In FIG. 2, the first covering 100 is shown with the top area 134 folded down covering a portion of the first covering 100. The uncovered portion may comprise only the bottom area 136 or a combination of the top area 134 and the bottom area 136. As shown, it is preferable to have the channel covering 108 covered by the top area 134 once folded and positioned as shown. In other embodiments this channel covering 108 may remain exposed.

From the back of the first covering 100, as shown in FIG. 3, there is an aperture 132 residing in the top area 134. The aperture 132 may be aligned with a second aperture (not shown) in another section of the first covering 100. The aperture 132 may be oriented in a number of fashions including vertical, horizontal, diagonal, or the like. The aperture 132 may also be located in other positions besides the back of the covering including but not limited to the front, sides, bottom, top, or the like or some combination thereof. Further, in FIG. 3, the bottom area 136 and the opening 138 are also shown.

In FIG. 4A, the first connector 102 is shown coupled to the first covering 100. At an end of the first connector 102 there is a connector 104. The first connector 102 preferably passes through the aperture 132 where it terminates with the connector 104. The connector 104 preferably has at least a first coupling channel 124 and a second coupling channel 126. The connector 104 may further have a securement mechanism 142 to secure the position of at least one of the coupling channels and a hinge 128 or other comparable mechanism to allow movement of at least one of the coupling channels and in some cases movement of at least one of the coupling channels respective to one another.

The top area 134 of the first covering 100 has been folded down, in FIG. 4B, in accordance with the previous description herein. The first connector 102 has been positioned to pass through the aperture 132. The connector 104 is then allowed or positioned to hang in a downward position from the aperture 132.

Referring now to FIG. 5A, the first covering 100 is shown with a second connector 106 passing between the channel covering 108 and the first covering 100. The second connector 106 passes through the channel covering 108 via the channel openings 140. The second connector 106 has a first end and a second end with at least one coupling mechanism 112 disposed on one end and at least one complementary coupling mechanism 120 disposed on the other end. The complementary coupling mechanism(s) 120 is capable of being coupled to the coupling mechanism(s) 112. The coupling mechanisms 112 and complimentary coupling mechanisms 120 may be any number of mechanisms including but not limited to hook and loop fasteners, clasps, snaps, buttons, clips, and the like or any combination thereof.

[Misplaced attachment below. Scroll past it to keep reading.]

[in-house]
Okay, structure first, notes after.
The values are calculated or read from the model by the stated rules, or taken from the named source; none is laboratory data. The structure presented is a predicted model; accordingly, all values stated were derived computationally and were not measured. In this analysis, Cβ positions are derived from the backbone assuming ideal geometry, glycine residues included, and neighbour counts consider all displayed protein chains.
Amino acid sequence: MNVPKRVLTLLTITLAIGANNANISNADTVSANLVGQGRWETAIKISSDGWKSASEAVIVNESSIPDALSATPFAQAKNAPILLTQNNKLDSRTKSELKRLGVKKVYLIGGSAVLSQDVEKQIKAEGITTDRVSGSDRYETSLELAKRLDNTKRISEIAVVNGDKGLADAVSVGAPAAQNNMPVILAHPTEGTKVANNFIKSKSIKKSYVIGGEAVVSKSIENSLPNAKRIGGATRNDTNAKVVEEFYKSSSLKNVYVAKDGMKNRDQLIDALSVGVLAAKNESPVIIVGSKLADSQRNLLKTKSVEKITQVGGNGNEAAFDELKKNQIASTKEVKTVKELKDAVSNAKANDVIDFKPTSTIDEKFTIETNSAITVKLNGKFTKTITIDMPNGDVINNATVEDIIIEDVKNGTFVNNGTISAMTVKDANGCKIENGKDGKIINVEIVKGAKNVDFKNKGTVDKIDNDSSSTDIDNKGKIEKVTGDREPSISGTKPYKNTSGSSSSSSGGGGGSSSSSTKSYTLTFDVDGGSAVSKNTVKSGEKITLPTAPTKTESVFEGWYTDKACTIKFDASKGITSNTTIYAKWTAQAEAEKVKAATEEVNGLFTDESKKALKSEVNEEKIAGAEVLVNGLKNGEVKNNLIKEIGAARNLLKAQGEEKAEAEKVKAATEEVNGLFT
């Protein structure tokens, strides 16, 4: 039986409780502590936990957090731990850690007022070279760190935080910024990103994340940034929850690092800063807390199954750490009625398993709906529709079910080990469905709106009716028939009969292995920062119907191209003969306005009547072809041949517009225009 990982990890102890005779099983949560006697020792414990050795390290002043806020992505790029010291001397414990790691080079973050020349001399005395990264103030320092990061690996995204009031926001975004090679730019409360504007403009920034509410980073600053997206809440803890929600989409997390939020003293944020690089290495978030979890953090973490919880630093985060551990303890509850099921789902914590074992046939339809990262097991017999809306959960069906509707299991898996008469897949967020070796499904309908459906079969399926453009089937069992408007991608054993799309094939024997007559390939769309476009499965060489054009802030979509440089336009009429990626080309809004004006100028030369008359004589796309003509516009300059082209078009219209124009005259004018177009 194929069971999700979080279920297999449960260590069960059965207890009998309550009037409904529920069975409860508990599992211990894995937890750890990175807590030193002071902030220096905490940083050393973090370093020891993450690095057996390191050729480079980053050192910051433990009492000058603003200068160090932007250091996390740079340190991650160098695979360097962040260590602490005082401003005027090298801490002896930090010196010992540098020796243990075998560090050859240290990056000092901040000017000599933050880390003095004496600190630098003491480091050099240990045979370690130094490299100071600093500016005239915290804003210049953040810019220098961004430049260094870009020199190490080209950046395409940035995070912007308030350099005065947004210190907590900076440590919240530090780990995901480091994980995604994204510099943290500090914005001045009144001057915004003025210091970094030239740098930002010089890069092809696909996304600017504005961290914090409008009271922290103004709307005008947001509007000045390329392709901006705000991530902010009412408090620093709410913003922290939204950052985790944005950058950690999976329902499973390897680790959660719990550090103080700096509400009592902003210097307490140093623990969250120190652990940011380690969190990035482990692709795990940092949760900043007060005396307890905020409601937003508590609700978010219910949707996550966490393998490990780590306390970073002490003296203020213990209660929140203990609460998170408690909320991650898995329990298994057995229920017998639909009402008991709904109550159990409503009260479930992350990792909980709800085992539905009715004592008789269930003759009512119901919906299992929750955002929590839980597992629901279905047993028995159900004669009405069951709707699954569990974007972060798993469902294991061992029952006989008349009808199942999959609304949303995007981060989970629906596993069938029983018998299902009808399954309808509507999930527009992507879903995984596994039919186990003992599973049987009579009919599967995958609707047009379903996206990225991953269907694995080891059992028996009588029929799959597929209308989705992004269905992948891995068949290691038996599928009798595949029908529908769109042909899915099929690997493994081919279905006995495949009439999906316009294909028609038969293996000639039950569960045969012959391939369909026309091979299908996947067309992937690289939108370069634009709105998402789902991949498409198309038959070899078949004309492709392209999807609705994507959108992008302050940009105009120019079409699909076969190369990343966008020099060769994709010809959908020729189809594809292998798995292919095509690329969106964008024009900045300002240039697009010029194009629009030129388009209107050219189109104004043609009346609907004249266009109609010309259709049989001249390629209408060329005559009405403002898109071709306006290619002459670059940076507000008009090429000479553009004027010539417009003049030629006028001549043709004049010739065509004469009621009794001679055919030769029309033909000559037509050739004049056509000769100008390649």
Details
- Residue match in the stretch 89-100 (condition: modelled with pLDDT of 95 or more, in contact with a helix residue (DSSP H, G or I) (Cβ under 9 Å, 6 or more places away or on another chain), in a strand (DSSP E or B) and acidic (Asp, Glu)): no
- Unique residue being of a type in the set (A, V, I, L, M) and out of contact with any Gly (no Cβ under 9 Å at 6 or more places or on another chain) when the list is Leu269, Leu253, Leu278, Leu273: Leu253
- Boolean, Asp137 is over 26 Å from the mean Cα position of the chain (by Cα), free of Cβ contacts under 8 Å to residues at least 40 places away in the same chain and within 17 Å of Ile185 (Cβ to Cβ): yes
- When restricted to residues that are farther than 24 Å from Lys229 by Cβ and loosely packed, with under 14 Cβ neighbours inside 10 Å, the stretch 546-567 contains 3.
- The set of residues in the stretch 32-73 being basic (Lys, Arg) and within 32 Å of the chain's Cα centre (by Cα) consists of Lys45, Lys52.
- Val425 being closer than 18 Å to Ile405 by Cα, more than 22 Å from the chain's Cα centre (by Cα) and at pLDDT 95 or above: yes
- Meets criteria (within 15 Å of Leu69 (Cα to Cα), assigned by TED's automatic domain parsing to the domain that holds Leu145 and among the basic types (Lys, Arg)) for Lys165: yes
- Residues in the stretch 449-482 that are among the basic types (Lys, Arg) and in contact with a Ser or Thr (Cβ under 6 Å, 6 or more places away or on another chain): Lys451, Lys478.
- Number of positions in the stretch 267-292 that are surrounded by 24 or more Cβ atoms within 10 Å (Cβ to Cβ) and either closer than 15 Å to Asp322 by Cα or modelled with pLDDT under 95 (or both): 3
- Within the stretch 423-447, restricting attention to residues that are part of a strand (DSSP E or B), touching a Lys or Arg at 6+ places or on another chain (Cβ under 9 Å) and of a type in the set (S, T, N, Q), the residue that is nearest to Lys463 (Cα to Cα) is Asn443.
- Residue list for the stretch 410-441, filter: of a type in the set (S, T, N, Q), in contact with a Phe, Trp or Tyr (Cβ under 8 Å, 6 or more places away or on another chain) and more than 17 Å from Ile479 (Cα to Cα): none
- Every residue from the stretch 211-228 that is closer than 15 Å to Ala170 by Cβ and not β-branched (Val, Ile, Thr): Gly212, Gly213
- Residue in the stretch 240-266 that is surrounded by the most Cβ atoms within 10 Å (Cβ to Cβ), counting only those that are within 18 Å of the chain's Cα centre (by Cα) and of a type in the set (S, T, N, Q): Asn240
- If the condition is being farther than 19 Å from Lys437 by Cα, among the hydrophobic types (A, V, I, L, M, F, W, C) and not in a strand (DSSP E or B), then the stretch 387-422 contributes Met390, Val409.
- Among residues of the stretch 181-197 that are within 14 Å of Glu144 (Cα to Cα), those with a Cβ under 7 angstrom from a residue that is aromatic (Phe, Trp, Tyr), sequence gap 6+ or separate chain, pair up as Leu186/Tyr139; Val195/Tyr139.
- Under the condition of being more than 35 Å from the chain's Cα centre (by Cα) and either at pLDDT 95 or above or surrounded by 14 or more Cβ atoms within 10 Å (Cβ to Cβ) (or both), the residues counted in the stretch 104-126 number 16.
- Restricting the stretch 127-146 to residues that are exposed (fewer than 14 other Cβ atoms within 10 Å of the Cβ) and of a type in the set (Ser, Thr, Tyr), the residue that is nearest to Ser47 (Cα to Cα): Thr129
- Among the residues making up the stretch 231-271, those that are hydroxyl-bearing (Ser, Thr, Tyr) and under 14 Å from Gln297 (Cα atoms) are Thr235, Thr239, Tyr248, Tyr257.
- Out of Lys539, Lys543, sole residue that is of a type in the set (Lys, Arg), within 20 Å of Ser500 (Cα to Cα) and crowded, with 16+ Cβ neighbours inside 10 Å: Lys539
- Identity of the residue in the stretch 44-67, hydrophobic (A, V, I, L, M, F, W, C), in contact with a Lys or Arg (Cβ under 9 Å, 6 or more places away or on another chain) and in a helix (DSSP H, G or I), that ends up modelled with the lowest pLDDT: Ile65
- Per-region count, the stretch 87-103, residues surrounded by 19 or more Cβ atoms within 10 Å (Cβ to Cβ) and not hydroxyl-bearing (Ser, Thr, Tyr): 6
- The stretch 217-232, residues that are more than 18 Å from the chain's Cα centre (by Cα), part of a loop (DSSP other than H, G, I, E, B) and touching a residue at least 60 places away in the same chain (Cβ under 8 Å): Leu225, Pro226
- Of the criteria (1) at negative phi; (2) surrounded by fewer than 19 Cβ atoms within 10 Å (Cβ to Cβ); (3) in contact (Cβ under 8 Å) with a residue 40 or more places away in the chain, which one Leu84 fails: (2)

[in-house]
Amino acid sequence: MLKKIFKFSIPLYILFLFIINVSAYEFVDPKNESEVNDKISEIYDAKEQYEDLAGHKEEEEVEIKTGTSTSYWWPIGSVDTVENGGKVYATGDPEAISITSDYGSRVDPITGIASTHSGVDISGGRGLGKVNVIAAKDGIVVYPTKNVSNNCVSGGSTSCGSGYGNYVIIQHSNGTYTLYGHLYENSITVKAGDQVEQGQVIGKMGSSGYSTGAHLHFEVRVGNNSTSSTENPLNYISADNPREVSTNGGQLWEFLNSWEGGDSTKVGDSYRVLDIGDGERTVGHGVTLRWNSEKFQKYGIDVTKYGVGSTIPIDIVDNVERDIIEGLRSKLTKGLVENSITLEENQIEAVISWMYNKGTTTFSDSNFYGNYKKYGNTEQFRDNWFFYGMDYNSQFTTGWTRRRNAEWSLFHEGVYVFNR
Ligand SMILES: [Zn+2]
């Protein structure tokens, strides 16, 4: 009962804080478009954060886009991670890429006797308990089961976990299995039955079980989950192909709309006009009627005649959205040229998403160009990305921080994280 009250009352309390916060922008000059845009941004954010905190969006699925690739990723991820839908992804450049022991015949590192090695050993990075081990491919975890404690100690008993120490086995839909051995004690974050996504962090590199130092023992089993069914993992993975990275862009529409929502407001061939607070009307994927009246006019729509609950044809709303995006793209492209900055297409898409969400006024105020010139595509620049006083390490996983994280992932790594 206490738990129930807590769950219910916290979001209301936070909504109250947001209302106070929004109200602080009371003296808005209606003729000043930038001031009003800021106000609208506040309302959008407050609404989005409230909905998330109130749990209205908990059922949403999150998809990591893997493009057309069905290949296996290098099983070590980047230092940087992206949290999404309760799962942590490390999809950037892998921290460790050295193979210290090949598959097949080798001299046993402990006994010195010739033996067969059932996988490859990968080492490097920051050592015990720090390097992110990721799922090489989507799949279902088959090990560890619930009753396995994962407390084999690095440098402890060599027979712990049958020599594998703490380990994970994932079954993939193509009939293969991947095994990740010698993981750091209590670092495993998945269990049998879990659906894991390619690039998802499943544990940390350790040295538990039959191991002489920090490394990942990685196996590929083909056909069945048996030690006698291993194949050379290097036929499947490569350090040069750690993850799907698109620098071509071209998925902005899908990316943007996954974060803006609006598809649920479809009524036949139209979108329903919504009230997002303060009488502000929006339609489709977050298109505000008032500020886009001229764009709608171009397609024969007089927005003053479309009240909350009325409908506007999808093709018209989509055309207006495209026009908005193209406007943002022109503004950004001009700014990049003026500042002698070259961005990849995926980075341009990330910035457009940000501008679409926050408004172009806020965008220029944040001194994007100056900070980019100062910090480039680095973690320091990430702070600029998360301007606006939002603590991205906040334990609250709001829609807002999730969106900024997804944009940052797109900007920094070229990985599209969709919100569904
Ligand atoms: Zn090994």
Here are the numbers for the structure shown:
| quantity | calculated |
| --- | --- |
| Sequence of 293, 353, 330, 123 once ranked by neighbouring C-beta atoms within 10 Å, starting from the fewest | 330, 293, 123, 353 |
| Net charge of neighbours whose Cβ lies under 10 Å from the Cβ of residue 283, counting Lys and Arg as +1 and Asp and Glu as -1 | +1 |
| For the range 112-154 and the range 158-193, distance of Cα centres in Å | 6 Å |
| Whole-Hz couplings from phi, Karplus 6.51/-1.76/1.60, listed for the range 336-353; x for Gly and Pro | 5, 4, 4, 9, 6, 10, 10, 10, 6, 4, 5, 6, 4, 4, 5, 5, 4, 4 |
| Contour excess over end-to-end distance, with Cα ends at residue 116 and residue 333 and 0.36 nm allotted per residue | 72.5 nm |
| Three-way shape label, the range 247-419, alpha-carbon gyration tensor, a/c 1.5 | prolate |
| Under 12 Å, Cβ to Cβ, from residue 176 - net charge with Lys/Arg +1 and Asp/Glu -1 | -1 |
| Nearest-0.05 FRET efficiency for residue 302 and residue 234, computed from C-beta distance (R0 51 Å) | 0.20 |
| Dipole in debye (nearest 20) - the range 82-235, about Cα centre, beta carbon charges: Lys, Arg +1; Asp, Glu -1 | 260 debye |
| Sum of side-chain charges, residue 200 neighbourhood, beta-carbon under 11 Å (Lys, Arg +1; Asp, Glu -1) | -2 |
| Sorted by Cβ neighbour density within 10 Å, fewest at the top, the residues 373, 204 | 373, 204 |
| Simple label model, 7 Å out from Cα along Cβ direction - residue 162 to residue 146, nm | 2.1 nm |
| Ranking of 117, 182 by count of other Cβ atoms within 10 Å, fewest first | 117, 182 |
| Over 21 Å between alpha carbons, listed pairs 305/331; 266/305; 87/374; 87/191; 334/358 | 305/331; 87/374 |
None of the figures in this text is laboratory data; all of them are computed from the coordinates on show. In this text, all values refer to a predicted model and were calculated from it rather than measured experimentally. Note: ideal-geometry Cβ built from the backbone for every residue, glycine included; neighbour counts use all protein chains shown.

In FIG. 5B, the two ends of the second connector 106 have been coupled via the coupling mechanisms 112 and complimentary coupling mechanisms 120 as described. The second connector 106 can then be positioned (see FIG. 6) in order to have the two secured ends positioned of the second connector under the channel covering 108. When this is accomplished, one can fold down the top area as shown in FIG. 4B thereby covering the channel covering 108 and second connector 106.

Referring to FIG. 6, the second connector 106 is shown in more detail from the rear and generally comprises a first section 114 and a second section 116. The first section 114 is coupled to the second section 116 in such a manner as to allow a gap to remain therebetween for some length. This enables the second connector 106 to be rotatably adjustable about the first covering 100. The first section 114 is coupled to the second section 116 along at least two points. The coupling at these points may be permanent or removable. If the coupling is removable, the first section 114 or second section 116 can be passed through the second channel 118 of the first connector 102 to join the two components. The second channel 118 is formed between the two connection points (see FIG. 4A) on the first covering, however, the second connector 106 partially obscures one of the points in this particular view. Alternatively, and preferably, the first section 114 and the second section 116 are permanently joined and sold with the first covering 100 as a single "unit." The permanent configuration operates in the same manner as described above with regard to the removable configuration. Such a single unit (permanent) composition ensures no part is lost as well as promotes safety for the child by removing any choking hazard. The connector 104 can then passed through the aperture 132 as shown in FIG. 6.

In FIGS. 7A and 7B, two alternative embodiments of the connector 104 are shown. While these two embodiments are shown, it should be noted that any number of embodiments of the connector 104 may exist and the two embodiments shown are exemplary only.